The Stranger explores the differences between friendship and companionship. The novel’s apathetic hero seems to draw no distinction between them, or rather, approaches what other characters think of as "friendship" with a detached and indifferent air. He falls into friendships if being friends is easier than being strangers, but would rather remain strangers if that takes less effort than having a conversation. Friendship ends up being something that happens to the main character, rather than something he creates. Of course, one could always argue that this means it isn’t friendship – or even companionship – at all.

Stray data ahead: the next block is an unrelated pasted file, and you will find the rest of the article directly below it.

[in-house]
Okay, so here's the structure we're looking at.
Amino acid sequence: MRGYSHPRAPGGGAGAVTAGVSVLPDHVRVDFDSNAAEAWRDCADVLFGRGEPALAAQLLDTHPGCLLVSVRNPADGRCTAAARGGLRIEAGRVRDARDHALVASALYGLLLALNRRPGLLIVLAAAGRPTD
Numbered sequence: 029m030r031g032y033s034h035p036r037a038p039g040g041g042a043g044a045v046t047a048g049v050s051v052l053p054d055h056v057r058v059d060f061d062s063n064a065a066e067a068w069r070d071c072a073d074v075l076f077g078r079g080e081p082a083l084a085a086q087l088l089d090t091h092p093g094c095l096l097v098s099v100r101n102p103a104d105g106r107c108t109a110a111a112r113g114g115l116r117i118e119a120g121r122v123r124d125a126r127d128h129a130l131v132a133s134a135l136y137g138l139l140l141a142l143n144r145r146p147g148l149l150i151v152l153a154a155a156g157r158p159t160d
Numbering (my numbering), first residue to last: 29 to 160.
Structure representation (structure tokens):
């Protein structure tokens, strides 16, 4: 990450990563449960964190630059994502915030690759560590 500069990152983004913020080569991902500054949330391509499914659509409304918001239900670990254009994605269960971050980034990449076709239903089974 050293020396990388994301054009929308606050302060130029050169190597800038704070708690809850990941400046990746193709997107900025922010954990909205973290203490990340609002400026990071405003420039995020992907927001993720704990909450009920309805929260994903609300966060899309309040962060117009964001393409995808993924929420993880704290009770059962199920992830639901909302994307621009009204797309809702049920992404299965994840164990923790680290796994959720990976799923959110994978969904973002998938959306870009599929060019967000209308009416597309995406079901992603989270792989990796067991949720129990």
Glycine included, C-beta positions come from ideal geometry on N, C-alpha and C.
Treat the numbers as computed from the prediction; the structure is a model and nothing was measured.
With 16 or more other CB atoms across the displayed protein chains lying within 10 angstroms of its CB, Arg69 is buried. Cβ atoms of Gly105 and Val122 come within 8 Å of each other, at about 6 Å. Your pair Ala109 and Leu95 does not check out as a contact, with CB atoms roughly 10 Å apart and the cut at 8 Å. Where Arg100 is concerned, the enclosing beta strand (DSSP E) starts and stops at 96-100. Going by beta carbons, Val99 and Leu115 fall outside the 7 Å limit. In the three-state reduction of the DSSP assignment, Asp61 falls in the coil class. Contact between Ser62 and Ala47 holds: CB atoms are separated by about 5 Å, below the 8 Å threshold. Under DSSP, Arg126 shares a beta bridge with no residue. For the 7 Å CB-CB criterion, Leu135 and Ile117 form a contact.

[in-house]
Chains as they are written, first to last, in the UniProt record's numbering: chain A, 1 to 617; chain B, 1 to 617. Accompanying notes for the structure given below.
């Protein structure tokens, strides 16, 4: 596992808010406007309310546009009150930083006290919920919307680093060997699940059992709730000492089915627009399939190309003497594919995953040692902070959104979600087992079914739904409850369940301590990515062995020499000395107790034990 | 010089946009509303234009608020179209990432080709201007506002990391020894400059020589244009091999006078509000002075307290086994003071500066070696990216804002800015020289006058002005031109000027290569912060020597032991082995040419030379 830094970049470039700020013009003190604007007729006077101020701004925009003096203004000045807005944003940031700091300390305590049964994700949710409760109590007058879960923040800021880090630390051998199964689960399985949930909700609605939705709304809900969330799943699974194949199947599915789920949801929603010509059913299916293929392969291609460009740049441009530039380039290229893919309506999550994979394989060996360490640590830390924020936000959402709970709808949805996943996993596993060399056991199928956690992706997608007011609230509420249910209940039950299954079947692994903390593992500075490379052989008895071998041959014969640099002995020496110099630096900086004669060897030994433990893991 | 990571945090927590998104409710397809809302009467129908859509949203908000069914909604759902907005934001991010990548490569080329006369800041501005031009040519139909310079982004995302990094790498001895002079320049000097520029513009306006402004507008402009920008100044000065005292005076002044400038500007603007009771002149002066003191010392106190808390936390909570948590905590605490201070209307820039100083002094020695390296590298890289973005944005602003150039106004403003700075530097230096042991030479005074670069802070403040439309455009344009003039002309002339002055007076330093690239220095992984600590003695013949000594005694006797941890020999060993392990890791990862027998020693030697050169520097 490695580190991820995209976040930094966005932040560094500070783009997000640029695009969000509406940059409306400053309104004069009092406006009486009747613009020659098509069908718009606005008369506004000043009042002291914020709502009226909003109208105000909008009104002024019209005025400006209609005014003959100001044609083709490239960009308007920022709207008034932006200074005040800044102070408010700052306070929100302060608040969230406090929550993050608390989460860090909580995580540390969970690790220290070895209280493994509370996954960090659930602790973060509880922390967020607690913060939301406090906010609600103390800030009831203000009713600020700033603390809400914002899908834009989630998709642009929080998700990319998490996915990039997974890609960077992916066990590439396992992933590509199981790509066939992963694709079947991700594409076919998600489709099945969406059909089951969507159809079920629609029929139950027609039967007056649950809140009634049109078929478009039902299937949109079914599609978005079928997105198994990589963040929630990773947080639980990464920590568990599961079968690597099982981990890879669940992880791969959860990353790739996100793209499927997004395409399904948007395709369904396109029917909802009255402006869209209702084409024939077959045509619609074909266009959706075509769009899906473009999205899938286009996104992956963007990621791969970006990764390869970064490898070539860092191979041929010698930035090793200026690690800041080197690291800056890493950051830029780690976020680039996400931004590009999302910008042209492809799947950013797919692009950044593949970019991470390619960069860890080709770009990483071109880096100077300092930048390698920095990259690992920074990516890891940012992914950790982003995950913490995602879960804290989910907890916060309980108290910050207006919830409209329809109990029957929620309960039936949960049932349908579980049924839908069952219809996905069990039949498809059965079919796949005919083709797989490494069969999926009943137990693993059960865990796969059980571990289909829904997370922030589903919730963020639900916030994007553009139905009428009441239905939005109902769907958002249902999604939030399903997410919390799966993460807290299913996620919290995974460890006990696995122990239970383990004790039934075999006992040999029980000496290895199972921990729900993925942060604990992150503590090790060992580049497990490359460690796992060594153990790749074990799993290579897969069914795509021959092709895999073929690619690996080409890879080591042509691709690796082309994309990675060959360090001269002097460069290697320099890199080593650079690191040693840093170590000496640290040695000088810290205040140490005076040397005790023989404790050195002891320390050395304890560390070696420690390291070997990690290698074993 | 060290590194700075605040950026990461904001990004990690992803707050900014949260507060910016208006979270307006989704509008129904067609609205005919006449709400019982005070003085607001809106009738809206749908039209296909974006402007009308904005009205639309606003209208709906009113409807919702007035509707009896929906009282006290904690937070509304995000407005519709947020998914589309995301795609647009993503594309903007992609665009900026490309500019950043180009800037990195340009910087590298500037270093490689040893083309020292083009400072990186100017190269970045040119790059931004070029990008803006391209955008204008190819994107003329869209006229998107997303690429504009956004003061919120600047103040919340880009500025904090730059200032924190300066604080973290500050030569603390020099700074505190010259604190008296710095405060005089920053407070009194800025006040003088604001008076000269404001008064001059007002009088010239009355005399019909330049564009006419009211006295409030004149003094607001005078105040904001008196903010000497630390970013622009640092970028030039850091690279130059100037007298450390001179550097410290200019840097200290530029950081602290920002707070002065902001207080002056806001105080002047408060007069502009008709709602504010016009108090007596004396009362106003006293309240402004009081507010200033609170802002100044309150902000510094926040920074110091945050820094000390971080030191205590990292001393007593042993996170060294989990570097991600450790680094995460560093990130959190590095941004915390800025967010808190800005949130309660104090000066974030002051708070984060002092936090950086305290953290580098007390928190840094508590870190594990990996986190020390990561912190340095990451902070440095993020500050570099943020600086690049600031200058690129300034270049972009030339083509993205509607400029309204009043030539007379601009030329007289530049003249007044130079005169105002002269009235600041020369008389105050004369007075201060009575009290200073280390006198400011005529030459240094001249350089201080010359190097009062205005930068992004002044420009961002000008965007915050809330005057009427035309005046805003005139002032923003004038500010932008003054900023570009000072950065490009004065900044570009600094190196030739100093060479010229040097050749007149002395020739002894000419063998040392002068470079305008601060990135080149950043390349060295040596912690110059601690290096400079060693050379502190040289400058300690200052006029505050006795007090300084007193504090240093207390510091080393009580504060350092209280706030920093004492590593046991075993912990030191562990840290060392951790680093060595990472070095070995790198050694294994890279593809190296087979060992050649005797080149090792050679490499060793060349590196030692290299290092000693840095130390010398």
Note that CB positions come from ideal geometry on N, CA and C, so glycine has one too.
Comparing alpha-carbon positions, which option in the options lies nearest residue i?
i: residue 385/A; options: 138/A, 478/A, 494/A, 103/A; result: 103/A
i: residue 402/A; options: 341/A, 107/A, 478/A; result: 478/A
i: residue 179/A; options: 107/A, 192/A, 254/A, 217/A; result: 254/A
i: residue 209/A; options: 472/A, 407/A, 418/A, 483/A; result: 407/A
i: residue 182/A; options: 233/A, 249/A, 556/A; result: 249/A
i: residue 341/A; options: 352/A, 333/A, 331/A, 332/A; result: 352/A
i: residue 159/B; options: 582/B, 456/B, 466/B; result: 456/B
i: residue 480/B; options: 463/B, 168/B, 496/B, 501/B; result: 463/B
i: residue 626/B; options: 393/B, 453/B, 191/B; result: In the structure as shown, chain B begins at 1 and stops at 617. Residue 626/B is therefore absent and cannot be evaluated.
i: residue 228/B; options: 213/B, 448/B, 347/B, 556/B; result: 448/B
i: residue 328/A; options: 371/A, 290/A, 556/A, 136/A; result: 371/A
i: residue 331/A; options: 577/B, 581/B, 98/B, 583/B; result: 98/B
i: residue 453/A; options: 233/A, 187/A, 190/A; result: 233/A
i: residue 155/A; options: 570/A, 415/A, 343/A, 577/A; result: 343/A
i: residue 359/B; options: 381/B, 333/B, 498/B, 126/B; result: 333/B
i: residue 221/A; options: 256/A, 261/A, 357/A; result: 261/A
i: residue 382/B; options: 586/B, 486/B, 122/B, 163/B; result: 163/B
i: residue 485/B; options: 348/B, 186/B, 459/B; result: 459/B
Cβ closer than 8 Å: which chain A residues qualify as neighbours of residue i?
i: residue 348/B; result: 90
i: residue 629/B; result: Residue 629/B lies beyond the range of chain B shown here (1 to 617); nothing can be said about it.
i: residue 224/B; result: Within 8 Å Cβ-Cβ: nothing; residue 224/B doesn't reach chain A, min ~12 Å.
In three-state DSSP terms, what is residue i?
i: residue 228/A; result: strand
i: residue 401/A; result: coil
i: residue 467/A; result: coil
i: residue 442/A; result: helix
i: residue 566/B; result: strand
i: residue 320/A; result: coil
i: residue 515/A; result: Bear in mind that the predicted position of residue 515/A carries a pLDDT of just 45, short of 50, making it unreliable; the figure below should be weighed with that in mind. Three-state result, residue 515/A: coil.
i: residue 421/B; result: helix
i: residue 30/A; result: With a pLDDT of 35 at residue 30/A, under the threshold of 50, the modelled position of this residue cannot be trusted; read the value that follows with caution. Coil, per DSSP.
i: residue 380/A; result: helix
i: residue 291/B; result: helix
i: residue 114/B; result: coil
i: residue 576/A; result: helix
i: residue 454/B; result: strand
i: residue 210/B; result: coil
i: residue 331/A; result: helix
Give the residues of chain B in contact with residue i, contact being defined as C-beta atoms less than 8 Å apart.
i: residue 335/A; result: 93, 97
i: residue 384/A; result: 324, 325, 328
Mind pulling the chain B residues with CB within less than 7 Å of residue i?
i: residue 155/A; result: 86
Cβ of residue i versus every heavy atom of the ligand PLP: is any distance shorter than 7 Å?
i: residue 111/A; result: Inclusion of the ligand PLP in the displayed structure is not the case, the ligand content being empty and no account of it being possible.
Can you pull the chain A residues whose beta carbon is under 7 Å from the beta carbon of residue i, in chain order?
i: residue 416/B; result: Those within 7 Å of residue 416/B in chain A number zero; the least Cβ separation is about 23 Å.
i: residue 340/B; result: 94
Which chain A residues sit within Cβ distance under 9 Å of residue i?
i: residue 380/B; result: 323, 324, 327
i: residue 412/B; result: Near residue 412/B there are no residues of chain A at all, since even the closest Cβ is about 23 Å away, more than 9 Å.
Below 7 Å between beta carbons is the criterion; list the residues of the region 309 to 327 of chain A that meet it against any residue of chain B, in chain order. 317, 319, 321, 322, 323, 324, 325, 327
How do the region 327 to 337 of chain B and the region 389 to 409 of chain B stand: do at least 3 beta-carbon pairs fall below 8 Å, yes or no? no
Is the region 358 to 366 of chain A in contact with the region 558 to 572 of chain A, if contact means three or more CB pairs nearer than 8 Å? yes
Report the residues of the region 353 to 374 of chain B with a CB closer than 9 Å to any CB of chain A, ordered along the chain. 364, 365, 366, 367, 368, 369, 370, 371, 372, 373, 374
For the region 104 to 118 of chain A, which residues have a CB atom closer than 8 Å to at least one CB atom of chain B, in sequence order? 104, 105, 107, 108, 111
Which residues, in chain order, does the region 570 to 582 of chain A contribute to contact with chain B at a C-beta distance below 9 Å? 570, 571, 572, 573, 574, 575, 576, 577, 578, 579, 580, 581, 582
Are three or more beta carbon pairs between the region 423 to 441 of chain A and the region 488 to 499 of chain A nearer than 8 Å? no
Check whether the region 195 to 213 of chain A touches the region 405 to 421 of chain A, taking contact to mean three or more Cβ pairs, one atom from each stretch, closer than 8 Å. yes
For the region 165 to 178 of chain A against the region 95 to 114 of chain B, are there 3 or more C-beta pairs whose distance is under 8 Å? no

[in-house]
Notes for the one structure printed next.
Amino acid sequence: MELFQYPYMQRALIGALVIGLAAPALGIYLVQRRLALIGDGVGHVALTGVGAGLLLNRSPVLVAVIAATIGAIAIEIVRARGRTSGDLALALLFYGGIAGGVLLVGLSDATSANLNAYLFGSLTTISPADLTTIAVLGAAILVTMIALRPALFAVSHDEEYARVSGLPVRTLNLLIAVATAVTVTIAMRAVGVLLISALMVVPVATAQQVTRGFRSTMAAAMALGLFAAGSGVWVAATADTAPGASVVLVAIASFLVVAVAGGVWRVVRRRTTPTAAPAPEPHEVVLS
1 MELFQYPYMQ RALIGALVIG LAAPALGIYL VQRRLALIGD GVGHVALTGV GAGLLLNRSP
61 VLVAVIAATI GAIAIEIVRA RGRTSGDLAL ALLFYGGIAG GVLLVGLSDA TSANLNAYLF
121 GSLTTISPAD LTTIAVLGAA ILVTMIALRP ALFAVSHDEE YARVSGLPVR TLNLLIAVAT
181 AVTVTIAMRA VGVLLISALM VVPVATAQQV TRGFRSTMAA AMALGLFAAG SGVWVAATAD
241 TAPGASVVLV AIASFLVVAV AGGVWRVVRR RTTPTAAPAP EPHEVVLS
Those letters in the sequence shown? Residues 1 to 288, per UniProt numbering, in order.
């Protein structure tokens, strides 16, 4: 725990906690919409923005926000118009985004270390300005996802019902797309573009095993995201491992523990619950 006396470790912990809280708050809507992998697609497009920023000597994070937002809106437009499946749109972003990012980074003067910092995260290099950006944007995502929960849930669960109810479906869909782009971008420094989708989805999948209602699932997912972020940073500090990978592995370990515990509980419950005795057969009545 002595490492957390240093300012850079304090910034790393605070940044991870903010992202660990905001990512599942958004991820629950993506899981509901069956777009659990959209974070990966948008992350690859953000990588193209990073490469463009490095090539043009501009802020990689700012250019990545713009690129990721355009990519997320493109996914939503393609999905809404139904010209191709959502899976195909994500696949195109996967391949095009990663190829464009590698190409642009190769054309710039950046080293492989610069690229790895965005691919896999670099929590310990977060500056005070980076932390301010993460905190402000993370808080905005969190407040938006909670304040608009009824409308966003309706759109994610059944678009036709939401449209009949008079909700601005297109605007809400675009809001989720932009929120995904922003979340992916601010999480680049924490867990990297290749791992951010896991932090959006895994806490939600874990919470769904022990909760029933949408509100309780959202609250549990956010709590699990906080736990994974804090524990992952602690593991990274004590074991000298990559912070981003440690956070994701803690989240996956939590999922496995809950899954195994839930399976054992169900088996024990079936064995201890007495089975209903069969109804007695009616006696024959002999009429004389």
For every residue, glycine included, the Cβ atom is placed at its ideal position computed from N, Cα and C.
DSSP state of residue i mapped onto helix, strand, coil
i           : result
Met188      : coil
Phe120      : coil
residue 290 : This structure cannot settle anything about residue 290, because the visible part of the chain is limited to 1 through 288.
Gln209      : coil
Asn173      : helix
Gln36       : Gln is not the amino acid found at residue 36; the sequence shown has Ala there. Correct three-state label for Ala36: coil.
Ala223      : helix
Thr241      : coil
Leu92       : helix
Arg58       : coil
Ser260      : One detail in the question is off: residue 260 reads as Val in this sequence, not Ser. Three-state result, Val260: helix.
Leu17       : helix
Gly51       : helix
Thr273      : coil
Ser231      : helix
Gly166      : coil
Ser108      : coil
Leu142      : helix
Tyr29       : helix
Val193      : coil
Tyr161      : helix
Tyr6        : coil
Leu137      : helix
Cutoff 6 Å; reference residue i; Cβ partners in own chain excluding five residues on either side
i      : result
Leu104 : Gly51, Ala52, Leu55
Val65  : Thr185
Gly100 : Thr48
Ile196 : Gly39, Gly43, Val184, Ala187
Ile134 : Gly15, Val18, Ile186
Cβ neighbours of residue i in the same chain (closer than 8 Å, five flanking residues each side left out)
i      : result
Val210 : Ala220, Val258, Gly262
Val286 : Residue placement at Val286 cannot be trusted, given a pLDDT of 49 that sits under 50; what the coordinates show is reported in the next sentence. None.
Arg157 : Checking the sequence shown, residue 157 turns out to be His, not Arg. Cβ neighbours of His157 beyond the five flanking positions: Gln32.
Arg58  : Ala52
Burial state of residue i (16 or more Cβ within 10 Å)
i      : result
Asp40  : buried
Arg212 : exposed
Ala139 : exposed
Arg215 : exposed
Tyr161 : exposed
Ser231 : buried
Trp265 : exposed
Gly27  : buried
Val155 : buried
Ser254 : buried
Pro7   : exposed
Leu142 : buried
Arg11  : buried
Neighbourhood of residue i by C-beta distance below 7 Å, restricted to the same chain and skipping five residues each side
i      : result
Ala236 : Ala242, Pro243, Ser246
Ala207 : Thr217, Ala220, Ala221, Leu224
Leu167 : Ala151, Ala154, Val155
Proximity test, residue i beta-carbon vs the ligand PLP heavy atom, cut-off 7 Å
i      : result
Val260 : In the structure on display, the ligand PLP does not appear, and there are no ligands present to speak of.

Just as Perez and Maman tried to escape death via a blossoming romance, Meursault escapes boredom through his friendship with Raymond.
Meursault uses other people to satisfy his needs. This is actually no different than what other, "normal" characters do in The Stranger – it’s just that Meursault is more willing to admit it. At the end of the day, he’s just like any other person, without the mask of social niceties.